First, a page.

The case studies were expected to allow gaining a better understanding of the pitfalls and challenges related to big data and data reuse. Five cases focusing on data aggregation, energy/climate, health/pharmacy, broadcasting and media, respectively, were studied. The main insights obtained from the performance of the case studies are that actors in the data economy tend to be in a perpetual learning phase, closely tied to the research community, interested in the reuse of third-party services, very different in terms of how advantage is taken of data, concerned about security, aware of privacy issues and desperate to find adequate legal/ethical advice.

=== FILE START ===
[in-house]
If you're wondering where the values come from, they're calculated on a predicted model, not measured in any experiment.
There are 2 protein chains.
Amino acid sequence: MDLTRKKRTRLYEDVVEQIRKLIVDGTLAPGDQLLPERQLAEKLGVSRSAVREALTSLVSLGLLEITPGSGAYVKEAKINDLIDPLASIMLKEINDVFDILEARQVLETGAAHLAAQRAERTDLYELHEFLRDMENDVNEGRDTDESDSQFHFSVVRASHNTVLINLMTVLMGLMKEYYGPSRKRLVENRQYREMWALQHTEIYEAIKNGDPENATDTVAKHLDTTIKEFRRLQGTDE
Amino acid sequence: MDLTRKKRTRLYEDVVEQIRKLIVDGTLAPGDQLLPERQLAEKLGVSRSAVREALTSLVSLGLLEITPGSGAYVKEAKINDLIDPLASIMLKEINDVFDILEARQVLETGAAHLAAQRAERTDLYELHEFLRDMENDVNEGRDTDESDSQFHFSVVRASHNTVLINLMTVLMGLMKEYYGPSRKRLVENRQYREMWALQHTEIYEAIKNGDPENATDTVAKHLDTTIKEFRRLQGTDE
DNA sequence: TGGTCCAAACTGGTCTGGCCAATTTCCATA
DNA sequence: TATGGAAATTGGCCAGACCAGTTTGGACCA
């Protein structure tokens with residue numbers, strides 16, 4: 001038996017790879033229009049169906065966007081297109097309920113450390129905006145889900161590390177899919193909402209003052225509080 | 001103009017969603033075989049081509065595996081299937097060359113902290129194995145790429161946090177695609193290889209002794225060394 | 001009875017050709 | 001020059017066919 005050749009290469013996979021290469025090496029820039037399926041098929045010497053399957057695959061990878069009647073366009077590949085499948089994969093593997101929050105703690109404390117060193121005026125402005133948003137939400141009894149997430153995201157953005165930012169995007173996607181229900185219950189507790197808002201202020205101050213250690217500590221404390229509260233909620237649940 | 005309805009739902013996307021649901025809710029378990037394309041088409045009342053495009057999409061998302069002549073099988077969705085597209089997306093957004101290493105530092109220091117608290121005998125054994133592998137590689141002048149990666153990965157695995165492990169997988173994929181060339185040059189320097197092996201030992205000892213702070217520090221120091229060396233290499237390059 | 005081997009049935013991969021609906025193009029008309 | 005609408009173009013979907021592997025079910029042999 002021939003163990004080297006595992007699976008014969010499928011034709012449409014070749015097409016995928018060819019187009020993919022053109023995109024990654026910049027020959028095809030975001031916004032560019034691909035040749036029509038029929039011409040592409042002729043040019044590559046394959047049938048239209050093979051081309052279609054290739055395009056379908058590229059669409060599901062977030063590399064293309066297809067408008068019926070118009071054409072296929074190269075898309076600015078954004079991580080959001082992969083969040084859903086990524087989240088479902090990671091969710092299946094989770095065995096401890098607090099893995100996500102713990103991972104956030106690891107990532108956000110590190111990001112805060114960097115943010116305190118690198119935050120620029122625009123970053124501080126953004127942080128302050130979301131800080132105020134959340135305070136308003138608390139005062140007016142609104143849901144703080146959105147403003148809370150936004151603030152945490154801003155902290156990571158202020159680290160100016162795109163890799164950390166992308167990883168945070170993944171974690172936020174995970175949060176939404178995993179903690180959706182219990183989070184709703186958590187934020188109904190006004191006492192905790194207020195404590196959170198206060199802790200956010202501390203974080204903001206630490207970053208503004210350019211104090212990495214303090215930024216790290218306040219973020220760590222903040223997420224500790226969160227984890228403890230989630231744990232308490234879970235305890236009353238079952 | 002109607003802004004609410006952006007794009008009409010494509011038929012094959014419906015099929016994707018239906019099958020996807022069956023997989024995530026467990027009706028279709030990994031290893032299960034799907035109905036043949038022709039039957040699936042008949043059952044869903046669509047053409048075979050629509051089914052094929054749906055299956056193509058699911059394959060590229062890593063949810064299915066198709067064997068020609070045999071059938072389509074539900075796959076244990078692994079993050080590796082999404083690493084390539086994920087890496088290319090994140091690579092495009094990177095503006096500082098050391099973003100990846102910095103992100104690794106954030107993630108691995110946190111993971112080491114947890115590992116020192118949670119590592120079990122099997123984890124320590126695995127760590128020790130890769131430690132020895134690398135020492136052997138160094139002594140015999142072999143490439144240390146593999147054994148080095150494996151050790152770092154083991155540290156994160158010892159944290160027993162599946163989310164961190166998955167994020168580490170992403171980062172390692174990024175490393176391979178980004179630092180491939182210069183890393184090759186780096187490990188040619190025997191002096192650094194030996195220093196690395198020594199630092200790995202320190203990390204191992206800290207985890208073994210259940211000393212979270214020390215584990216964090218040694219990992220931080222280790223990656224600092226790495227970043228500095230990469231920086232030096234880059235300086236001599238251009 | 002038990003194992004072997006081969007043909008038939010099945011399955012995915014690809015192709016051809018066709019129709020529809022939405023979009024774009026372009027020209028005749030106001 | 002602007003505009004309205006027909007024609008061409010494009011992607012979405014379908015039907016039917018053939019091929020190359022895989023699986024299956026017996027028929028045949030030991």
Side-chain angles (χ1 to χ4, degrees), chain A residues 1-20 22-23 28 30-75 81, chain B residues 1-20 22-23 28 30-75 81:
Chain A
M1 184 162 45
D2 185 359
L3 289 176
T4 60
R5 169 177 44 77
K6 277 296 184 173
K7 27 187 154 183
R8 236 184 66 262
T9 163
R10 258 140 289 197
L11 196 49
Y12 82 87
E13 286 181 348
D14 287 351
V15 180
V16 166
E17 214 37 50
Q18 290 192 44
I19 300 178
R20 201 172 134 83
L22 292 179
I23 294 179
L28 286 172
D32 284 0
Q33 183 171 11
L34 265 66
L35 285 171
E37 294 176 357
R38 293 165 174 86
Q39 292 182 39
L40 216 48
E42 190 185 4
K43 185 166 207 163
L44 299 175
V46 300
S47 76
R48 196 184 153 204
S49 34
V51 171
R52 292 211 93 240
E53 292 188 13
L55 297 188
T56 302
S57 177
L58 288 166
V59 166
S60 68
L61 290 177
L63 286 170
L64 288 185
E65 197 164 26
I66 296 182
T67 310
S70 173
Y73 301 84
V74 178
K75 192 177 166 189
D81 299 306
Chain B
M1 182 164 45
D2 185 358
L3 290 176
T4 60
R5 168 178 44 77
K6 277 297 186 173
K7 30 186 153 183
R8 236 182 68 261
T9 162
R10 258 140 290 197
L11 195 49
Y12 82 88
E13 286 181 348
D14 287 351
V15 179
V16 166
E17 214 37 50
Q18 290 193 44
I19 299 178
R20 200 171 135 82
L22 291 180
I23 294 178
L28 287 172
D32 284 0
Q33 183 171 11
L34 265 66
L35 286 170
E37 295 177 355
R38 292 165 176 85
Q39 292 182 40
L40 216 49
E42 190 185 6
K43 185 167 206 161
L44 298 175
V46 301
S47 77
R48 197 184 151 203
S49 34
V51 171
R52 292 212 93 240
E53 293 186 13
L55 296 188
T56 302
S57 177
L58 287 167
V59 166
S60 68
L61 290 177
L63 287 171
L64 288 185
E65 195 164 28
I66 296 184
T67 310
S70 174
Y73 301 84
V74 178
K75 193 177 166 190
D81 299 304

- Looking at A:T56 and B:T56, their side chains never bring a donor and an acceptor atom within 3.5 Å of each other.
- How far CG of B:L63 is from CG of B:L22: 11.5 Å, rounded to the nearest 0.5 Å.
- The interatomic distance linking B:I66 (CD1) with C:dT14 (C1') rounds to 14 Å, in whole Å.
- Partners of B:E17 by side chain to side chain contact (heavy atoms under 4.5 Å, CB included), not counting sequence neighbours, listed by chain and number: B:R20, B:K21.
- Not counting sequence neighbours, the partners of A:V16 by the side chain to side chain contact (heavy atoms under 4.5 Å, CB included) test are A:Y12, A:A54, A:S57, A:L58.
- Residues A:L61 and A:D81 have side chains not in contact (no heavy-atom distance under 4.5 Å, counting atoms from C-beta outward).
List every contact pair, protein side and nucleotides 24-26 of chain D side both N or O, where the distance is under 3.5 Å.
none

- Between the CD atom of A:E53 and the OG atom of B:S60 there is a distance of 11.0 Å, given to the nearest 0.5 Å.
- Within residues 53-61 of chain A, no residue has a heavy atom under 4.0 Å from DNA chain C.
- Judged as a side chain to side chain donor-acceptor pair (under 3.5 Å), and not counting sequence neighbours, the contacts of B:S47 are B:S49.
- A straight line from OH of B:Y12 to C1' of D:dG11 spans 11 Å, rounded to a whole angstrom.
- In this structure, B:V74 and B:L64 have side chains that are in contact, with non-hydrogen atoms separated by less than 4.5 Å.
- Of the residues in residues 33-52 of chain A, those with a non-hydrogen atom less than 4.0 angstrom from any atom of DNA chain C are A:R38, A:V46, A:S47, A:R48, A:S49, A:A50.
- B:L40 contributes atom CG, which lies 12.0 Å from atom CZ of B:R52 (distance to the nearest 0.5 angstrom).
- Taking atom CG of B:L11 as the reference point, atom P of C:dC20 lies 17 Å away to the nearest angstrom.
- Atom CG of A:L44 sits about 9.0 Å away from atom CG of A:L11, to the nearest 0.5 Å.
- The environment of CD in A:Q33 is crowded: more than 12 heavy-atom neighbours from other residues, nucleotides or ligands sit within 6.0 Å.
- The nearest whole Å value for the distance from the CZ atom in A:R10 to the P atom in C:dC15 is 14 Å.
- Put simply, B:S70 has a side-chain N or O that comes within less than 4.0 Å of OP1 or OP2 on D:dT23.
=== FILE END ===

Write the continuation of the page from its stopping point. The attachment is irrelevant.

The results from the analysis of the framework conditions and the case studies were then integrated into a heuristic model of the data economy. The heuristic model consists of legal, socio-economic and technological propositions postulating relationships between selected complex adaptive system model elements with a focus on the effects of framework conditions on the development of the European data economy. The propositions are complemented by a focussed discussion of the key terms used to describe the propositions. Within the scope of a second workshop, where apart from the User Expert Group also the Advisory Boards was involved, the heuristic model was discussed. Towards the end of the first year of the project, the analysis and further development of the model started. The heuristic model is currently analysed from a legal perspective to clarify issues regarding, for instance, privacy, intellectual property rights, contractual relations, from a socio-economic perspective to better understand the social acceptability as well as the economic viability of use cases and business models, and from a technological perspective, where particular attention is paid to requirements. Based on the results of this comprehensive analysis, which will be completed in the second year of the project, a refined model of the European data economy will be developed.